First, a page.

How to Admit That You’re Wrong (Even If You’re Always Right)
In this age of denialism, it's more important to state plain truths such as "I was wrong." It also makes you a better role model.
You misspoke. That had to be it. You knew the answer, felt its smooth edges in your mind, but it came out differently. Probably because you were busy cataloging the 379 new things you have to keep in your head today. No matter. The real issue is that you knew what the right answer was so you weren’t wrong. And there’s no need to make yourself look inept. Because you weren’t. Not at all. ‘Kay?
Listen, this sort of thought process is natural. And it happens to everyone. But now more than ever it’s more necessary to know how to be wrong. Yes, because it’s an obnoxious trait and no one wants to grab a beer with the guy too stubborn to say he biffed something. But, more importantly, because in today’s denialist culture, it’s good to hold onto simple truths. Such as “I was wrong.
So why do so many find it so difficult to admit that they’re wrong? It’s a question that’s been much considered in the past year, largely in response to the denialism of one particular politician. In March, Paul Krugman wrote in the New York Times that “American politics … is suffering from an epidemic of infallibility, of powerful people who never, ever admit to making a mistake.” Whether this problem has gotten worse in recent years or not, it certainly is not limited to politics. We have all been victims of our own certainty.
And not without good reason. It feels bad to be wrong (and worse to be corrected). Moreover, the truth of our beliefs and the wisdom of our decisions are not always clear even to a neutral third party. And defending false or foolish positions can be highly expedient, at least in the short term. What requires some explanation is why people continue to insist they are right even when it should be obvious that they are wrong, and even when admitting it would be in their self-interest.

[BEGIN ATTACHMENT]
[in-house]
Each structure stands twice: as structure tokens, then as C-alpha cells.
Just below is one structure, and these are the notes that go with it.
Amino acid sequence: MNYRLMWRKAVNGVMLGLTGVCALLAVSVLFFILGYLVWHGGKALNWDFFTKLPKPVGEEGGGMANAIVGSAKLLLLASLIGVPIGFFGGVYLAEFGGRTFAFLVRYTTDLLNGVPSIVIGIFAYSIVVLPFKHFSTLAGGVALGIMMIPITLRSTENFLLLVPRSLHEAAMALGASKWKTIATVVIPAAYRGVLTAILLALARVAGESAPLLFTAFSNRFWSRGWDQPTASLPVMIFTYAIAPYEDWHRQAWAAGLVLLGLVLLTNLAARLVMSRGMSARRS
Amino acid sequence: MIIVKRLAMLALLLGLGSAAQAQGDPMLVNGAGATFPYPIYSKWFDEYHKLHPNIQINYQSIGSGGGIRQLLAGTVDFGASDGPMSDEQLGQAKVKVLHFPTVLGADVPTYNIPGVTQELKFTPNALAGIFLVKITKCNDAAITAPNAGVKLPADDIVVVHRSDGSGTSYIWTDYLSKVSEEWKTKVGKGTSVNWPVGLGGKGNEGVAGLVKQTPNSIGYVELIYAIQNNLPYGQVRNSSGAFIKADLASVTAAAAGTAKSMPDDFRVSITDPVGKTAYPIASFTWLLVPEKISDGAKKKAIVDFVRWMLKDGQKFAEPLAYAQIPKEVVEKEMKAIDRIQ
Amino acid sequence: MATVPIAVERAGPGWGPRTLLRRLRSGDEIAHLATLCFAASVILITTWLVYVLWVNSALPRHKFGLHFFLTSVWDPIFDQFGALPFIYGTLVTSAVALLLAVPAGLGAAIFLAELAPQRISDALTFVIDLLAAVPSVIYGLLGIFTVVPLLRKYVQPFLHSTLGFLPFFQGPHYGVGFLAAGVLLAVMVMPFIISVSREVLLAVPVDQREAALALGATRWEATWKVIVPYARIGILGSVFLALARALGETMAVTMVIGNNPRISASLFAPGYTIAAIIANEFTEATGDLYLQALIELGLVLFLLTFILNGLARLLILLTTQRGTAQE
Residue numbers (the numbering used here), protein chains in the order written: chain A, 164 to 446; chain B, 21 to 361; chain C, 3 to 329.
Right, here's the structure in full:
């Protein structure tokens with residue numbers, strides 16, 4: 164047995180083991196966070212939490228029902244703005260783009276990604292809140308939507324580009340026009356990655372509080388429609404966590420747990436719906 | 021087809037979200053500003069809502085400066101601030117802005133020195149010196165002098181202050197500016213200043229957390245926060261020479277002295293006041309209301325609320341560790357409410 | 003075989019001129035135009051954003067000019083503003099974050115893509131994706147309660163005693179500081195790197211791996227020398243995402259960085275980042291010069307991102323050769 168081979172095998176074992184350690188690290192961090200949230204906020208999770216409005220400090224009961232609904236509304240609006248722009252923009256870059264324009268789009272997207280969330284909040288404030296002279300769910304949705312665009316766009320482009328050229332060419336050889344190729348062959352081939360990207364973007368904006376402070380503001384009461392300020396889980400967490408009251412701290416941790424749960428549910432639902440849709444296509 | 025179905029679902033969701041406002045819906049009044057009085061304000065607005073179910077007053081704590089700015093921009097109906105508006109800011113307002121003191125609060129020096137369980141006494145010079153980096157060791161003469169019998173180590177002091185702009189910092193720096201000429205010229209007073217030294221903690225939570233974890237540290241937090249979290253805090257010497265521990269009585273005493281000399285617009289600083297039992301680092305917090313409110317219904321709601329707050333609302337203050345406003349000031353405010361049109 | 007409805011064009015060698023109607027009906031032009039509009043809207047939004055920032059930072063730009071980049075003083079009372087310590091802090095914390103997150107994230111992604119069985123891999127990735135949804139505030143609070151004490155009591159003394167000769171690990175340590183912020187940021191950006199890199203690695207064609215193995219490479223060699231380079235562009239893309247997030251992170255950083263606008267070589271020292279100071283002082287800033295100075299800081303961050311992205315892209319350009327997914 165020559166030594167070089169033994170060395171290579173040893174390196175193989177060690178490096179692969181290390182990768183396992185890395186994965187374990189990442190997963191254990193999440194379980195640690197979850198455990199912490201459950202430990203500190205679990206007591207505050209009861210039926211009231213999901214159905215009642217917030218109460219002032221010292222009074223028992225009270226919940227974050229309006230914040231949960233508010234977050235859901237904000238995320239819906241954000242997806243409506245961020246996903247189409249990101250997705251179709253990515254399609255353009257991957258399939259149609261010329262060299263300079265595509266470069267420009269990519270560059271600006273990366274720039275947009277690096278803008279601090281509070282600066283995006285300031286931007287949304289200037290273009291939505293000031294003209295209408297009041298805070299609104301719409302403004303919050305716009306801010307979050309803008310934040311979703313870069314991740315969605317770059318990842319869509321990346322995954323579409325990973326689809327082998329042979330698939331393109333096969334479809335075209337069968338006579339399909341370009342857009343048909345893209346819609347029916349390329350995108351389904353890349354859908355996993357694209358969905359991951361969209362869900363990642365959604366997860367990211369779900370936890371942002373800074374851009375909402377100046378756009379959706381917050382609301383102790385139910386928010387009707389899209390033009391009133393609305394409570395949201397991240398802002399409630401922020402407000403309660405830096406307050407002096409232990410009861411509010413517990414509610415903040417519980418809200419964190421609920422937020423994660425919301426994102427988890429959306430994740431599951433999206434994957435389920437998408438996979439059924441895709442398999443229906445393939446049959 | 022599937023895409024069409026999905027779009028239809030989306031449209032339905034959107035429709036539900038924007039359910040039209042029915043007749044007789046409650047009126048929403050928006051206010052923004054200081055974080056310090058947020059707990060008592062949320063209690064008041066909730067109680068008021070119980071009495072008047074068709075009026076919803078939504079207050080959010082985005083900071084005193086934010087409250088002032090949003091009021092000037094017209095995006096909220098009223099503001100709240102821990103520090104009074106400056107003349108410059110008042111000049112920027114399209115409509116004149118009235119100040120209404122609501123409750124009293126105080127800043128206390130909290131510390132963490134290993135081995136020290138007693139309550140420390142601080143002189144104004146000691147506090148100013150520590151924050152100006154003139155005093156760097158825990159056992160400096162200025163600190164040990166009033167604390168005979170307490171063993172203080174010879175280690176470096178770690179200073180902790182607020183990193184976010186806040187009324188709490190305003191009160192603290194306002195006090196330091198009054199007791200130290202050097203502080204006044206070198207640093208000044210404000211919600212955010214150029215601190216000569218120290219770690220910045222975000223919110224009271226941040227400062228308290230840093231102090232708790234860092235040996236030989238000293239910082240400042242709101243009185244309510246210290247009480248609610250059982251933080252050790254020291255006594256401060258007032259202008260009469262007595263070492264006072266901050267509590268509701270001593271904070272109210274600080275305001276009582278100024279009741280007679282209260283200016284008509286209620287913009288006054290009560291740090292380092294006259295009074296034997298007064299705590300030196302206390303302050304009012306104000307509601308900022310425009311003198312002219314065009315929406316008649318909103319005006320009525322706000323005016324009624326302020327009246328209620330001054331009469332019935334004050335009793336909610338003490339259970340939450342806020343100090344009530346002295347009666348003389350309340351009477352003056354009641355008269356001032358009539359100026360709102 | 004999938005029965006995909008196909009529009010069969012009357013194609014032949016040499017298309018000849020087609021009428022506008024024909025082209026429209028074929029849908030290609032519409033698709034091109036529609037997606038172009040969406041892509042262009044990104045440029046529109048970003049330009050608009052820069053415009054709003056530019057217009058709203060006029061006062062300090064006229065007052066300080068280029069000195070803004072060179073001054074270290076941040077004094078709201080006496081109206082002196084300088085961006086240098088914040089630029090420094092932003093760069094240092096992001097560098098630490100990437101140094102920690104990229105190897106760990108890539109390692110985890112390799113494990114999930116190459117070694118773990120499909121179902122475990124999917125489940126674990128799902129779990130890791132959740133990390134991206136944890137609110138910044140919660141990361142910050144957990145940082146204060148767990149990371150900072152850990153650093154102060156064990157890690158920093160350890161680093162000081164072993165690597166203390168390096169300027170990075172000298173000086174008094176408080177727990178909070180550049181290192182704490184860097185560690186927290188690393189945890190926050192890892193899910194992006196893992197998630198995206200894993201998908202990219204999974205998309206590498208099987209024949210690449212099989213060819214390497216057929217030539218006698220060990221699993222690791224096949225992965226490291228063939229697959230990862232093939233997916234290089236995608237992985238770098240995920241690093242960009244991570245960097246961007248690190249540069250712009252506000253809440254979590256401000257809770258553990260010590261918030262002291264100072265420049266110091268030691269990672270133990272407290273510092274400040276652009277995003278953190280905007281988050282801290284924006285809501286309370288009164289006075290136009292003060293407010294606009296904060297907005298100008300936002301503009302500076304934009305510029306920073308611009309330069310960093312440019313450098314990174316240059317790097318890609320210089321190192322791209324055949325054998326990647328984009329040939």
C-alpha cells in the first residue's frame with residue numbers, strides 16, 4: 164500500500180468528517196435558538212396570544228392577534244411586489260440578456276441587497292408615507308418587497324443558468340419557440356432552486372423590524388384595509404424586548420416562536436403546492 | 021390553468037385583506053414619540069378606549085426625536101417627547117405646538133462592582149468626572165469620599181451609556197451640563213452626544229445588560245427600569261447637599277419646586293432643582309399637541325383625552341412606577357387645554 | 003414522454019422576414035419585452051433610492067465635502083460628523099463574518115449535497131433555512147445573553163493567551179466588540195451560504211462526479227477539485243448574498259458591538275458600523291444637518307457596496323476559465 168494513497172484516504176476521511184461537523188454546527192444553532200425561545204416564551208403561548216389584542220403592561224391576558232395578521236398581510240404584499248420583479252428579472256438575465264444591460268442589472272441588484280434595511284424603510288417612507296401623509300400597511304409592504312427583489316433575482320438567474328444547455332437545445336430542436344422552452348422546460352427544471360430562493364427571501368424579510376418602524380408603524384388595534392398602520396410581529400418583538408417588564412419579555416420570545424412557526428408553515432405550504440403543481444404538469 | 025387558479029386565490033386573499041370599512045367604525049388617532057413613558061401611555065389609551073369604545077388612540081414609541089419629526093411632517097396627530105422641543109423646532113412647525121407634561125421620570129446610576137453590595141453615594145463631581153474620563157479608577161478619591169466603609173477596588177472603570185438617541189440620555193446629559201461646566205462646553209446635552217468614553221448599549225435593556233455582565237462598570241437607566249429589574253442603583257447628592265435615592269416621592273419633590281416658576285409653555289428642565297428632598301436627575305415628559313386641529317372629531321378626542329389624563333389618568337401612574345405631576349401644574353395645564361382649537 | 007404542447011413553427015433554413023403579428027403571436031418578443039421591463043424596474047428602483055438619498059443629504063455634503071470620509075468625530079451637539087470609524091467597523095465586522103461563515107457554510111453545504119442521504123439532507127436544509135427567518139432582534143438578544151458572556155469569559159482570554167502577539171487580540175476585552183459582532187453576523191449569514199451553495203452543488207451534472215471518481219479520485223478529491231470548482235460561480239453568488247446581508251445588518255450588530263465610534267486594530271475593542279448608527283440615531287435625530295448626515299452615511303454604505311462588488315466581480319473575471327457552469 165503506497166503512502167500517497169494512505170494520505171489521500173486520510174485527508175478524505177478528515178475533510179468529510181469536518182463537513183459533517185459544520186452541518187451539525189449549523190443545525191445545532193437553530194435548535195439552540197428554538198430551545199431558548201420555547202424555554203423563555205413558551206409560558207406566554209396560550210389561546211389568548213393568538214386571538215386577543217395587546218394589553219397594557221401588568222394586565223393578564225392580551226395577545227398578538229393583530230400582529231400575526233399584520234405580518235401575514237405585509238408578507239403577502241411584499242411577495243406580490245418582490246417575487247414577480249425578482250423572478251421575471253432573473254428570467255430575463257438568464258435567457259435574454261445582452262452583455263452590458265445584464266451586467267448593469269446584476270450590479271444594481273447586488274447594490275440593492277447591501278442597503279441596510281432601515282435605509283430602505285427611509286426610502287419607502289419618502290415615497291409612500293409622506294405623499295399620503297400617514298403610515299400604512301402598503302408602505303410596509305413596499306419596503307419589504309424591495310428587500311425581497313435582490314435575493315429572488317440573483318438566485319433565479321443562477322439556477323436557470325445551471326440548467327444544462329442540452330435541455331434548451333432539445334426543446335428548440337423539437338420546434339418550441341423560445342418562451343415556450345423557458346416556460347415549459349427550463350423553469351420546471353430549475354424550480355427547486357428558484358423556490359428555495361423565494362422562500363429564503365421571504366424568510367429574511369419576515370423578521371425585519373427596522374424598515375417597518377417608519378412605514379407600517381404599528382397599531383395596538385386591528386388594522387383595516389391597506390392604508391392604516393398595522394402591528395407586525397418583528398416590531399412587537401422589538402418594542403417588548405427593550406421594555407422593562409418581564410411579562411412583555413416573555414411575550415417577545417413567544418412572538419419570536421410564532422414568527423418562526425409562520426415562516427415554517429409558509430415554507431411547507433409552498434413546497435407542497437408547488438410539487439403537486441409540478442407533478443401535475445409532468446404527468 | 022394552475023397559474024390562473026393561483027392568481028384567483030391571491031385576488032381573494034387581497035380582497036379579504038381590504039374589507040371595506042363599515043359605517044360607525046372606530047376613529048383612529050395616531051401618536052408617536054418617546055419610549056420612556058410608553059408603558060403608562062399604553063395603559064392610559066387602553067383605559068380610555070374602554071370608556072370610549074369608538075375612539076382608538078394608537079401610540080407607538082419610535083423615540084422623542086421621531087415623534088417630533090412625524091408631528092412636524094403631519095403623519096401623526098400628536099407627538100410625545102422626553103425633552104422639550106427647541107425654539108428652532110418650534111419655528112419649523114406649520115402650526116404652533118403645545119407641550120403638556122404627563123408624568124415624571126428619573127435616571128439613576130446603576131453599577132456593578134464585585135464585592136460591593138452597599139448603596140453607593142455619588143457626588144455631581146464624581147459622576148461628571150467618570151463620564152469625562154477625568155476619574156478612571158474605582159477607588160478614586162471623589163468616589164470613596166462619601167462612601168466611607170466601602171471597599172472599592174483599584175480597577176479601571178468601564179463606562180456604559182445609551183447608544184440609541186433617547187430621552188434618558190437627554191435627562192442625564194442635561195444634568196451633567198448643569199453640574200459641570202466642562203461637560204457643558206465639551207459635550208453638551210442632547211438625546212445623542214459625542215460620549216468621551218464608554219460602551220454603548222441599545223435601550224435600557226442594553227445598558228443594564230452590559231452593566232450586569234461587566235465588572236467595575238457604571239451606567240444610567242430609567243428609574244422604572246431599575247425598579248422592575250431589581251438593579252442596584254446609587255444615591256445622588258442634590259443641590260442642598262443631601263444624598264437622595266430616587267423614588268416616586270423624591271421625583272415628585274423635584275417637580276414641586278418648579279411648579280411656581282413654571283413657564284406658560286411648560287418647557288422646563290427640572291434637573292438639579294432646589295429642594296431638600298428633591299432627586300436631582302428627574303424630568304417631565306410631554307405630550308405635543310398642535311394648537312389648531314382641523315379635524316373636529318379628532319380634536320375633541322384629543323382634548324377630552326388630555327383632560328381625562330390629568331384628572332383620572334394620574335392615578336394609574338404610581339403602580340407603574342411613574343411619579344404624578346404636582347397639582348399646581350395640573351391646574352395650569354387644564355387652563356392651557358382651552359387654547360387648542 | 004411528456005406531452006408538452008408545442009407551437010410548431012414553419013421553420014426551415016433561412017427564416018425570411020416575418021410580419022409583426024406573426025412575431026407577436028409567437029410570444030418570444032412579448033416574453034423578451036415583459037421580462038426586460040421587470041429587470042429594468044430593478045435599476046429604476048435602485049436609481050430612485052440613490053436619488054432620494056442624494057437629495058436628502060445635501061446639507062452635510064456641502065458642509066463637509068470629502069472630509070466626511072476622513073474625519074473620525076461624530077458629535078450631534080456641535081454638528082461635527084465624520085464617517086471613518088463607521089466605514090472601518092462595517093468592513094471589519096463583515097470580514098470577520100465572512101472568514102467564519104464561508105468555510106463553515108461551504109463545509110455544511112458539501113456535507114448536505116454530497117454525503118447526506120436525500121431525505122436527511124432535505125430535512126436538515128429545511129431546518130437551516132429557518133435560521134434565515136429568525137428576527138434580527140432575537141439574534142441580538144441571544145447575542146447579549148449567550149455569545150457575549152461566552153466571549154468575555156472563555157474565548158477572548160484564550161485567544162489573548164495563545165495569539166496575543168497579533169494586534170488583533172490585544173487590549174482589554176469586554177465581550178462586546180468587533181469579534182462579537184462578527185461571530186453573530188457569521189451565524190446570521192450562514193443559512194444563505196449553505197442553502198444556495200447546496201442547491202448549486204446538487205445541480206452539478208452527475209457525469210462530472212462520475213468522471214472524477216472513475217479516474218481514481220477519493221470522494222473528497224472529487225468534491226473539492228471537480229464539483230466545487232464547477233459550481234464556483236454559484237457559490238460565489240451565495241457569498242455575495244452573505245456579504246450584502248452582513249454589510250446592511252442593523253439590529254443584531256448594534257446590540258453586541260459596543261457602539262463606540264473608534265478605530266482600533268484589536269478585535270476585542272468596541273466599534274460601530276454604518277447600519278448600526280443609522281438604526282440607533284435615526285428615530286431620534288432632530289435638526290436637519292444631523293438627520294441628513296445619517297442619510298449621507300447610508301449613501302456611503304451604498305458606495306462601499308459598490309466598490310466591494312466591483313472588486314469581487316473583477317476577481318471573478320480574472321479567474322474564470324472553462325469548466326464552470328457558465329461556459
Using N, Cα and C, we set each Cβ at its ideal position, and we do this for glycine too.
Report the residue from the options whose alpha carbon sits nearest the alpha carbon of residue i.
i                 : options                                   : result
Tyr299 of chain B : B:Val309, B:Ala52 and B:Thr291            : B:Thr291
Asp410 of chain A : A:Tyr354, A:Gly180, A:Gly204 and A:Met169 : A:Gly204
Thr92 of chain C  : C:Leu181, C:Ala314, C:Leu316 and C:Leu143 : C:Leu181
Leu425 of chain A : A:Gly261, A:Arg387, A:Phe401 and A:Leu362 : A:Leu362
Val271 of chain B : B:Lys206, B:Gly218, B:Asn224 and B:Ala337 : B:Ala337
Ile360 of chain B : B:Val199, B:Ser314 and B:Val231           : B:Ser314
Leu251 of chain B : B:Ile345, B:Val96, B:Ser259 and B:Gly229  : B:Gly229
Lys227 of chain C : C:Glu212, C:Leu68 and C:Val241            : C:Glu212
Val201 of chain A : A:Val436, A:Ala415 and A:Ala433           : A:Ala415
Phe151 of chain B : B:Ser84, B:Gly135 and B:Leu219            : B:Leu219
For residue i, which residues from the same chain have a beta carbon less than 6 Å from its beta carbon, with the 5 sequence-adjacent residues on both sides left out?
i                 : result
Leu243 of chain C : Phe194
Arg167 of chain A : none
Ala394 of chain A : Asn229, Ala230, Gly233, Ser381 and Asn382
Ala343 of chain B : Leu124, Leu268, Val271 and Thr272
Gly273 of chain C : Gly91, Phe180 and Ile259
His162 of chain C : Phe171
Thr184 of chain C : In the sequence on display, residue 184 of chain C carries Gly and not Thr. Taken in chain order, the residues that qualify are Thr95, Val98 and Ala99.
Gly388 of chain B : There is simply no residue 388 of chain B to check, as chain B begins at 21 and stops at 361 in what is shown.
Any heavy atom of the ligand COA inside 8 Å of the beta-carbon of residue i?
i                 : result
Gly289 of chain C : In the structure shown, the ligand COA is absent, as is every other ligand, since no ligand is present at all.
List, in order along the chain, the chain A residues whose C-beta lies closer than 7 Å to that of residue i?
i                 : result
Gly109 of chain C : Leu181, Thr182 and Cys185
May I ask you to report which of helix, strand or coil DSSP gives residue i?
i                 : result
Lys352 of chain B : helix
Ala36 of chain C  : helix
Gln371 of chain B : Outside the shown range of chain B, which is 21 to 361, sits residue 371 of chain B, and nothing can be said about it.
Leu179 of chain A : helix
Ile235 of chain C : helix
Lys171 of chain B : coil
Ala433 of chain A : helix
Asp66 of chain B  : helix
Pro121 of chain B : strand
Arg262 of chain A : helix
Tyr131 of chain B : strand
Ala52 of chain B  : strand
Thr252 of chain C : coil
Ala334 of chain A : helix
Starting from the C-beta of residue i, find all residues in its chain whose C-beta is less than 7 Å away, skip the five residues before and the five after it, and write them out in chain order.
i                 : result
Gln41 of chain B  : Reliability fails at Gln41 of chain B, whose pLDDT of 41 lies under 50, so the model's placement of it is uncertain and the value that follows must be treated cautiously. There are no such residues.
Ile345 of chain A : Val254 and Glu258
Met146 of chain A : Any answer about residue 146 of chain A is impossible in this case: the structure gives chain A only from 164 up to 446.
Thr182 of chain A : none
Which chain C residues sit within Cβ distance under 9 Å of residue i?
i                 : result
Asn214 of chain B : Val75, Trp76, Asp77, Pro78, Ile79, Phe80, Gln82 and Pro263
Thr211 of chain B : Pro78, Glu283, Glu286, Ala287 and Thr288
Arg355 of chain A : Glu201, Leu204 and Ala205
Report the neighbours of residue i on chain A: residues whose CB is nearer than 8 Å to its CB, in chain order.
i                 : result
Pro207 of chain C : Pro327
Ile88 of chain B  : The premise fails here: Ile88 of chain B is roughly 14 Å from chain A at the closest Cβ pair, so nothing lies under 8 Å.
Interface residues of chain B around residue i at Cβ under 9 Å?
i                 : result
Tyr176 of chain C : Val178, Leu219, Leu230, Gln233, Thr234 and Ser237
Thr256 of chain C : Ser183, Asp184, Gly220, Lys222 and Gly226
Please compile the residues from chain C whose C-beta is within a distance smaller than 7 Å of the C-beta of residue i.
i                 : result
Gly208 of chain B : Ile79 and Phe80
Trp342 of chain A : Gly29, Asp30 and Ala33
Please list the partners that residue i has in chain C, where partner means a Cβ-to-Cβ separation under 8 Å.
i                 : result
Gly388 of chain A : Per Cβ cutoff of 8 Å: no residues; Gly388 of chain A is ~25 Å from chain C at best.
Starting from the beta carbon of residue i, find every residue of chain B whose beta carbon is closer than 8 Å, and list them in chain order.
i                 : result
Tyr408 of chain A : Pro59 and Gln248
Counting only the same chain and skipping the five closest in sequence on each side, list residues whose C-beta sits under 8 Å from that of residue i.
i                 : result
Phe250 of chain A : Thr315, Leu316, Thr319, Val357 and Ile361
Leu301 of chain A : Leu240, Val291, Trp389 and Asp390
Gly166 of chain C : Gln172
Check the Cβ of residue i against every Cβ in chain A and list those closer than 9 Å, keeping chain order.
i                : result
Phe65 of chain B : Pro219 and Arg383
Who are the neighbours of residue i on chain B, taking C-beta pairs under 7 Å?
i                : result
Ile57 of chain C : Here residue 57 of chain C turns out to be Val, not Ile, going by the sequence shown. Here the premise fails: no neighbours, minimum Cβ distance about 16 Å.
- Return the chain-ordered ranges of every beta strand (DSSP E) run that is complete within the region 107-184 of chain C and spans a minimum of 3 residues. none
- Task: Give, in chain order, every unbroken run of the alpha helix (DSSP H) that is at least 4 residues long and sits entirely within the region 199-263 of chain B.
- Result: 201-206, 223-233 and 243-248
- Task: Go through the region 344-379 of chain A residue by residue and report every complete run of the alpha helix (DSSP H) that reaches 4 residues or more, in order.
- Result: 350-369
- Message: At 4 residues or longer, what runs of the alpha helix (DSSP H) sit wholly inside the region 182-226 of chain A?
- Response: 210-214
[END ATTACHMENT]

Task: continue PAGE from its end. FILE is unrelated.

Most modern psychological explanations for such pigheadedness make reference to “cognitive dissonance,” a term coined in 1957 by the social psychologist Leon Festinger. According to dissonance theory, people can usually sense when they have done or learned something that is in conflict with something else they believe — in other words, when there is “dissonance” between two “cognitions.” Despite F. Scott Fitzgerald’s famous claim that “the test of a first-rate intelligence is the ability to hold two opposed ideas in the mind at the same time,” cognitive dissonance creates stress and anxiety, and people instinctively try to resolve it.
Scrutinizing, let alone abandoning, convictions can be destabilizing, and so we tend to dismiss, rationalize, or forget information or experiences with which they conflict:
One means of resolution is simply to abandon or modify the original belief: I thought we should take the turnpike, but since we’ve missed our flight and are still five miles from the airport, I’m willing to listen to alternate theories.
However, not all of our beliefs are so easily surrendered, in particular those connected to one’s identity and self-esteem. Scrutinizing, let alone abandoning, convictions can be destabilizing, and so we tend to dismiss, rationalize, or forget information or experiences with which they conflict: I’m sure we’ll be there soon, and there was no way to know traffic would be so bad, and it wasn’t my idea to take the turnpike anyway.